If you are familiar with the company history, you will remember that at this time, amongst other things, the Duplo range was renamed ‘LEGO Explore’ and that things were starting to look bleak. But I digress.

LEGO World City promised a place where “anything can happen- anytime! You are the one to decide how, where and when the street comes to life. There are endless possibilities to build and rebuild your own action stories over and over again.”

In this first year, the prime foci of the World City included Transport (and indeed, around 6 sets were based around train infrastructure), and Police and Rescue. Trains are now an integral part of the ‘World City’ – not restricted to their own theme – and this will continue with the basic train sets as part of LEGO City in the future, although other trains would come to fall under the umbrellas of LEGO Factory, Creator Expert and later, LEGO for Adults.

In the first wave of sets, at least two sets arrived with an obvious villain, the others appeared to be a little cartoonish in their appearance.

In 2004, the scope opened up a little more, and we saw the Coast Guard and Fire department. The police hovercraft also had the chance to apprehend crooks who were hanging out in an abandoned warehouse.

There were a few changes that helped us to think we had moved out of the small town: Trucks were 6 studs wide, and the road plates were seen to widen appropriately. With cars, however, the chasses themselves were only 4 studs wide: the same whacky design principles, with the wheels protruding a couple of studs from the chassis, was being used even more comedically over at 4juniors: taking a go-kart from 4 to 8 studs wide, and trucks extending from 6 to 8 studs wide.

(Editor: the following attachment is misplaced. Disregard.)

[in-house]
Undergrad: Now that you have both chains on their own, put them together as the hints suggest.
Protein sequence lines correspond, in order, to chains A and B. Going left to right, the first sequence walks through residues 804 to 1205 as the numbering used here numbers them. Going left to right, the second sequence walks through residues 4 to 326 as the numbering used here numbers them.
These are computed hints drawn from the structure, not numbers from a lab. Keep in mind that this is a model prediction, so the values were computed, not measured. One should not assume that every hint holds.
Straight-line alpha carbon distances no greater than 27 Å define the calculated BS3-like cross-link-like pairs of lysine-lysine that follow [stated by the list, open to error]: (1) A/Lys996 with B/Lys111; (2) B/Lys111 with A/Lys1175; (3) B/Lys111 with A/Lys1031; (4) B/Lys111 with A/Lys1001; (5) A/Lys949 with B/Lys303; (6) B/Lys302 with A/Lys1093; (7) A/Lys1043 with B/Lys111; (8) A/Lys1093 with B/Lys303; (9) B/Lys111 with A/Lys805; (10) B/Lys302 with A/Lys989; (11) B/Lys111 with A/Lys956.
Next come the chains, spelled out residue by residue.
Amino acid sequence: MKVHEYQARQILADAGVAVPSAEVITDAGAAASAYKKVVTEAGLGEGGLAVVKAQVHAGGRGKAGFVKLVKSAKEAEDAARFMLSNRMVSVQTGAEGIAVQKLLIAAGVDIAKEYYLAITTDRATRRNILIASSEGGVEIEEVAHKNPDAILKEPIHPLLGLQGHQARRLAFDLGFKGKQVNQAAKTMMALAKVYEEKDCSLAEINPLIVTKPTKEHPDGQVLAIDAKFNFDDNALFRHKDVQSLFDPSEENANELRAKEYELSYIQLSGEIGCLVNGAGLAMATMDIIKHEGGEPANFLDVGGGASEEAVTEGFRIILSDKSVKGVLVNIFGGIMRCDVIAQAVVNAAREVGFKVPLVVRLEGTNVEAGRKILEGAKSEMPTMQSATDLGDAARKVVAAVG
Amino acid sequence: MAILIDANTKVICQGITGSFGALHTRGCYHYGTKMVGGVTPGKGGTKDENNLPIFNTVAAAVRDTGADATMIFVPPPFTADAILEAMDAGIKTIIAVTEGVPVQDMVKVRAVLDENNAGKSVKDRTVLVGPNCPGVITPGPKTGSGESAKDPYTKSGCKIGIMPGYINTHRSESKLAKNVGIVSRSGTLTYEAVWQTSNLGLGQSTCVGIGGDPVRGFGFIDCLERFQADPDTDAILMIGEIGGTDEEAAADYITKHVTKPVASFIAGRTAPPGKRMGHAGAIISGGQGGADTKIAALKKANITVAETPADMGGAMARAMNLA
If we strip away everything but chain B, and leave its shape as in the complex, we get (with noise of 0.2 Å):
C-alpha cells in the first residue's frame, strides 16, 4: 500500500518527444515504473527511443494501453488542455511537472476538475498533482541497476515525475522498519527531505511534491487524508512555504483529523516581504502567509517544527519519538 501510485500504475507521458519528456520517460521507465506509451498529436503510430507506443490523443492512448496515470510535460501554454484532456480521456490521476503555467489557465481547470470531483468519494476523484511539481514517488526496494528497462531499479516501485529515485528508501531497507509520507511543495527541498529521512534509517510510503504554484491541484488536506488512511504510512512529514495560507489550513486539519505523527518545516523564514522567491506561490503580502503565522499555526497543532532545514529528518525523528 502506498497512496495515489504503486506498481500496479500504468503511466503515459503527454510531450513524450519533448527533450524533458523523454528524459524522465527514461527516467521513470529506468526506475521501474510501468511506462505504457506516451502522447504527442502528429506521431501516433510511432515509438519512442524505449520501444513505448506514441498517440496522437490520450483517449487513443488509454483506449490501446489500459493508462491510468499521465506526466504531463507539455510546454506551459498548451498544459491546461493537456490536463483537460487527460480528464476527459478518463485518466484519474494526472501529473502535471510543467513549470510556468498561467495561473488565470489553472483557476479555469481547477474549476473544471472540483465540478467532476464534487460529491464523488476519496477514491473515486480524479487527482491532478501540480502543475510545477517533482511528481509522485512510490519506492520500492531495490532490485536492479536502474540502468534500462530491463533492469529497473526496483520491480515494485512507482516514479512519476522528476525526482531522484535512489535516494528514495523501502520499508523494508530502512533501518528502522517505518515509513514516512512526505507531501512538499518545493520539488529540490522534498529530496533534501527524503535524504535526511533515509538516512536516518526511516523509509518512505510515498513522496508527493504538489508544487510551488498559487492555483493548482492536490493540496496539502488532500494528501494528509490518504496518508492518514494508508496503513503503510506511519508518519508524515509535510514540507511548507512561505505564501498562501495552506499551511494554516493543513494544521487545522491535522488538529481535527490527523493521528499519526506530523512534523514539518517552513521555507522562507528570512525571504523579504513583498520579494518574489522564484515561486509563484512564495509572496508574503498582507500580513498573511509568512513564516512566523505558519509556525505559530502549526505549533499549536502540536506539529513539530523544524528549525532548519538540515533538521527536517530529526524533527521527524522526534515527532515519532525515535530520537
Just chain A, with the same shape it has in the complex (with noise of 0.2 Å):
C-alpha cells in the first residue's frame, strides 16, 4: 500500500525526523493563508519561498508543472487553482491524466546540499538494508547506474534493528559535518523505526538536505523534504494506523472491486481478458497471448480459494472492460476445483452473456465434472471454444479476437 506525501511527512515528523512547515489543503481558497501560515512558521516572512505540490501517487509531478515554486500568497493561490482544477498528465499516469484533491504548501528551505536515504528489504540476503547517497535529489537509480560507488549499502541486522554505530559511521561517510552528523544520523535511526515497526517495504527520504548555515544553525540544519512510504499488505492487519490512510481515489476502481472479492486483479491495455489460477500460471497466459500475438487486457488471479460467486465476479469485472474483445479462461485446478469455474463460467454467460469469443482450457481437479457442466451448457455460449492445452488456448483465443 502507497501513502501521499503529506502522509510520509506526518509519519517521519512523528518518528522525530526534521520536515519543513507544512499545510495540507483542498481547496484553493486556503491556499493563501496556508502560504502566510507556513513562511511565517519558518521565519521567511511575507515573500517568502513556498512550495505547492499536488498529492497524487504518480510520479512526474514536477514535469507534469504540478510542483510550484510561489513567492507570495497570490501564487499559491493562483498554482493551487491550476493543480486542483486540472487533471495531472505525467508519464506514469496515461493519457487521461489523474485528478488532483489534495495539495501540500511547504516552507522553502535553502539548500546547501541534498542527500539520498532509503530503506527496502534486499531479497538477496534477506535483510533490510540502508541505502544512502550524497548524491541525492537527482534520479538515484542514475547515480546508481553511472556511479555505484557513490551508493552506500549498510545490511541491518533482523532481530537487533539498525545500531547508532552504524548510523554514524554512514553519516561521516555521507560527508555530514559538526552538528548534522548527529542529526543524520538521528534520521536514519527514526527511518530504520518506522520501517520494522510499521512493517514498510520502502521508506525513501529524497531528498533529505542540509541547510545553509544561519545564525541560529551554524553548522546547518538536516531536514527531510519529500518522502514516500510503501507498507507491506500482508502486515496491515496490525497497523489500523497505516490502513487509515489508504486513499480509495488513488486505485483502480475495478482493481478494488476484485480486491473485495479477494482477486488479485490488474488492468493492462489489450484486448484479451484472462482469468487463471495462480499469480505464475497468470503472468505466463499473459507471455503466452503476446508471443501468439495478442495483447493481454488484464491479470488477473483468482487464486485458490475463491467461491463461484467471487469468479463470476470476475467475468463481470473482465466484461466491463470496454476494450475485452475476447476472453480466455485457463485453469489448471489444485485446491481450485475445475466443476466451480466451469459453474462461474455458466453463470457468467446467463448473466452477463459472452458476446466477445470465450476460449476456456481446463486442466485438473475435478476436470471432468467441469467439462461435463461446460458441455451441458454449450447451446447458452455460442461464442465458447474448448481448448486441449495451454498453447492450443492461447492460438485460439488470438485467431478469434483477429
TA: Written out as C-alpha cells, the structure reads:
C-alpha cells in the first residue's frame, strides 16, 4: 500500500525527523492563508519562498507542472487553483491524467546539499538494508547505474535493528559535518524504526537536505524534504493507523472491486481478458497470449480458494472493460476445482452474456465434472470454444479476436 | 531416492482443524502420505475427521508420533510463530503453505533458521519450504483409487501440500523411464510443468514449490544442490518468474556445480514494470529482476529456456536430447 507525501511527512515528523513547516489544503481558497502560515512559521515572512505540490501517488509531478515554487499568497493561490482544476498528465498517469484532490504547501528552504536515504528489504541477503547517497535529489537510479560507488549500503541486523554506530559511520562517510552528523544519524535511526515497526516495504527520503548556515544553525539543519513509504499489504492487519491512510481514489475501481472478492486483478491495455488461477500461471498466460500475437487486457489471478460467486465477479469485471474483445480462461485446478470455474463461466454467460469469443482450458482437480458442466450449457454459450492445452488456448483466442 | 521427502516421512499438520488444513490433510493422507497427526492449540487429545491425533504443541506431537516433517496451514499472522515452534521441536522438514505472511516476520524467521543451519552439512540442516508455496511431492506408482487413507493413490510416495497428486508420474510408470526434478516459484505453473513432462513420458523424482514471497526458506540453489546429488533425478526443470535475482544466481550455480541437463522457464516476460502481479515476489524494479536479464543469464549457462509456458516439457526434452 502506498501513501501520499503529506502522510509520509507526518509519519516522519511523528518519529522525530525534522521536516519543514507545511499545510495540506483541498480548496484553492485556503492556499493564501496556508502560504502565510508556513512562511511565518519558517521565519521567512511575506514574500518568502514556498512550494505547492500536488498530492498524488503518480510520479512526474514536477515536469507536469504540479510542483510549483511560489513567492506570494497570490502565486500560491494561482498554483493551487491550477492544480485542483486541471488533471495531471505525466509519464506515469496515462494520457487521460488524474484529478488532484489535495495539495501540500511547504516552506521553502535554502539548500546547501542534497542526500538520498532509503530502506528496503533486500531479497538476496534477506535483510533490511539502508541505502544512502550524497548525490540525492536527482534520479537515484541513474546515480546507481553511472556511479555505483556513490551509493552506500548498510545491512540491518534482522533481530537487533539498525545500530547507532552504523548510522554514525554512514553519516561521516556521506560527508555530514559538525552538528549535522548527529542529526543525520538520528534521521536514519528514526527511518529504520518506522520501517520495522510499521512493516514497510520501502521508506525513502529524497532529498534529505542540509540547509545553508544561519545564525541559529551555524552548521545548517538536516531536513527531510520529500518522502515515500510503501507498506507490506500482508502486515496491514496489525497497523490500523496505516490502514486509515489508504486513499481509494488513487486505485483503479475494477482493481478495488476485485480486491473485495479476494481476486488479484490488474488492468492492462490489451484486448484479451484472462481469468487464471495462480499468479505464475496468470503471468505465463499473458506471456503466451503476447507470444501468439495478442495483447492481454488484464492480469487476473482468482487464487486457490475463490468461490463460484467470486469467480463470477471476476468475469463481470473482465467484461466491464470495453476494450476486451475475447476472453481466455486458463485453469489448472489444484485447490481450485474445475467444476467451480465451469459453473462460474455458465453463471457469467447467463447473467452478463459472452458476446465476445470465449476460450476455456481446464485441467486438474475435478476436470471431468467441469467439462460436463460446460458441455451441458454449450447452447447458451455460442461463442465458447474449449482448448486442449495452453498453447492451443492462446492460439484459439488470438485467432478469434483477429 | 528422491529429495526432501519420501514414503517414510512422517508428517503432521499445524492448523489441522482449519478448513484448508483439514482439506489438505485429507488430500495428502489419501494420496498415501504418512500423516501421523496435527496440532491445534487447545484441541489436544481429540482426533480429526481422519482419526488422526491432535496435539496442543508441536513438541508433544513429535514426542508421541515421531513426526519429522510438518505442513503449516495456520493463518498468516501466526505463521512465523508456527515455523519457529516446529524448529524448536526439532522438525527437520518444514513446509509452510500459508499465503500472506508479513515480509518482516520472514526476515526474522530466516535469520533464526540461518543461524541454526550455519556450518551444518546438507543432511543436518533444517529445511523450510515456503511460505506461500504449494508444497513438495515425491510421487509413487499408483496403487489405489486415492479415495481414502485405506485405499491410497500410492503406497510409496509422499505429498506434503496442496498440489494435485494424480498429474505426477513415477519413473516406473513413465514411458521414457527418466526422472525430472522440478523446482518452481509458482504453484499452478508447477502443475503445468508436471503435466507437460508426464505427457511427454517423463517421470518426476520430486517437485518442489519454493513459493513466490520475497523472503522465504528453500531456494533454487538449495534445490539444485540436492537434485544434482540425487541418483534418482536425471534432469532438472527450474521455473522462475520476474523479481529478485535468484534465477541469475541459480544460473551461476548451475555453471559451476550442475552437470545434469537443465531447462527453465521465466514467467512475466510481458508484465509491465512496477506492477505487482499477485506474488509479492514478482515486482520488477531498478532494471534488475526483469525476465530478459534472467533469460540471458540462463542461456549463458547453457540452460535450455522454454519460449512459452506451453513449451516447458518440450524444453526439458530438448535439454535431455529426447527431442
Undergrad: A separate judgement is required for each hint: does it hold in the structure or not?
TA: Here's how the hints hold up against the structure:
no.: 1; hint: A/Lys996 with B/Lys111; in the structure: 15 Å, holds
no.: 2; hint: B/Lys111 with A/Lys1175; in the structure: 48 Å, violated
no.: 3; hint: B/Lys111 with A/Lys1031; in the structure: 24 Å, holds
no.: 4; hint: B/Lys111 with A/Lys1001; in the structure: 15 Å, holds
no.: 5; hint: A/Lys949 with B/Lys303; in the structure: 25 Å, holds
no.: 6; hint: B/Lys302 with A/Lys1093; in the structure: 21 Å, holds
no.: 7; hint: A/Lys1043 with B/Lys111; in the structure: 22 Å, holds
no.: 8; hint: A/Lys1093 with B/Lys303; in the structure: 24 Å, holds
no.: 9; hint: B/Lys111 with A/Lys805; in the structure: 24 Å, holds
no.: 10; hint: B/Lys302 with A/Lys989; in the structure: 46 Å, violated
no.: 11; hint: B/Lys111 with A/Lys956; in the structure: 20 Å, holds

With this emphasis on action-packed storytelling, the focus moved away from depicting a slice of life. Despite the feelings of action and excitement, some things were a little weird: the fire department was restricted to maritime activities, while the air was patrolled by the coast guard, flying a helicopter that, while not explicitly armed, certainly looked like it could be.

I found the fire brigade selection to be a little odd: 2 Fireboats, but no firetrucks or station. A Police Hovercraft and Coast Guard Helicopter: both were only a couple of carefully placed megaphones or camera elements away from becoming heavily-armed war machines. This was all a bit fanciful. But not as fanciful as the very real problems occurring in the company at the same time.

Time To Reset:

Sure… those kids look cute but is this what a toy manufacturer should be playing with?

Around this time, the LEGO Group were on the brink of financial collapse: the company had diversified its interests: also taking on clothes manufacture, video game production, and running theme parks, amongst other things.

The company started to find itself beset by financial challenges, and former McKinsey Consultant, Jorgen Vig Knudstrøp took over the roles of CEO and President, with a plan to get the company back on track. The LEGO Group moved back towards its core competencies: making construction toys while having other aspects of ‘LEGOness’ outsourced.

With the 4 Juniors sets bearing only a passing resemblance to trucks as they might look in real life, and World City also appearing to be more fanciful than ‘Real Life’, it was time to return the focus to ‘things kids see every day.

And so, as part of a ‘rein it in’ philosophy that saw the reduction in current elements in production, particularly those with limited application, a reset was pressed: World City and 4Juniors were cancelled, and the following year, we would see a reset of sets involving contemporary life, with the launch of LEGO City.

With the advent of LEGO City, we have seen a lot of changes over the last 17 years: While we have seen changes in model design, based on available elements, as well as new subthemes, perhaps the greatest change has been the way in which the sets have evolved to allow for enhanced storytelling and play.

The next chapter in this series will look at LEGO City, and how it has changed over the years. And, just possibly, we shall look into whether or not it is reasonable to consider LEGO City the tru successor to LEGO Town…

Do you have any treasured memories of LEGO Sets from this time? What appealed to you? Why not leave your comments below, and until next time,

Play Well!

As always, with these historically based articles, I am indebted to the set database at Brickset.com.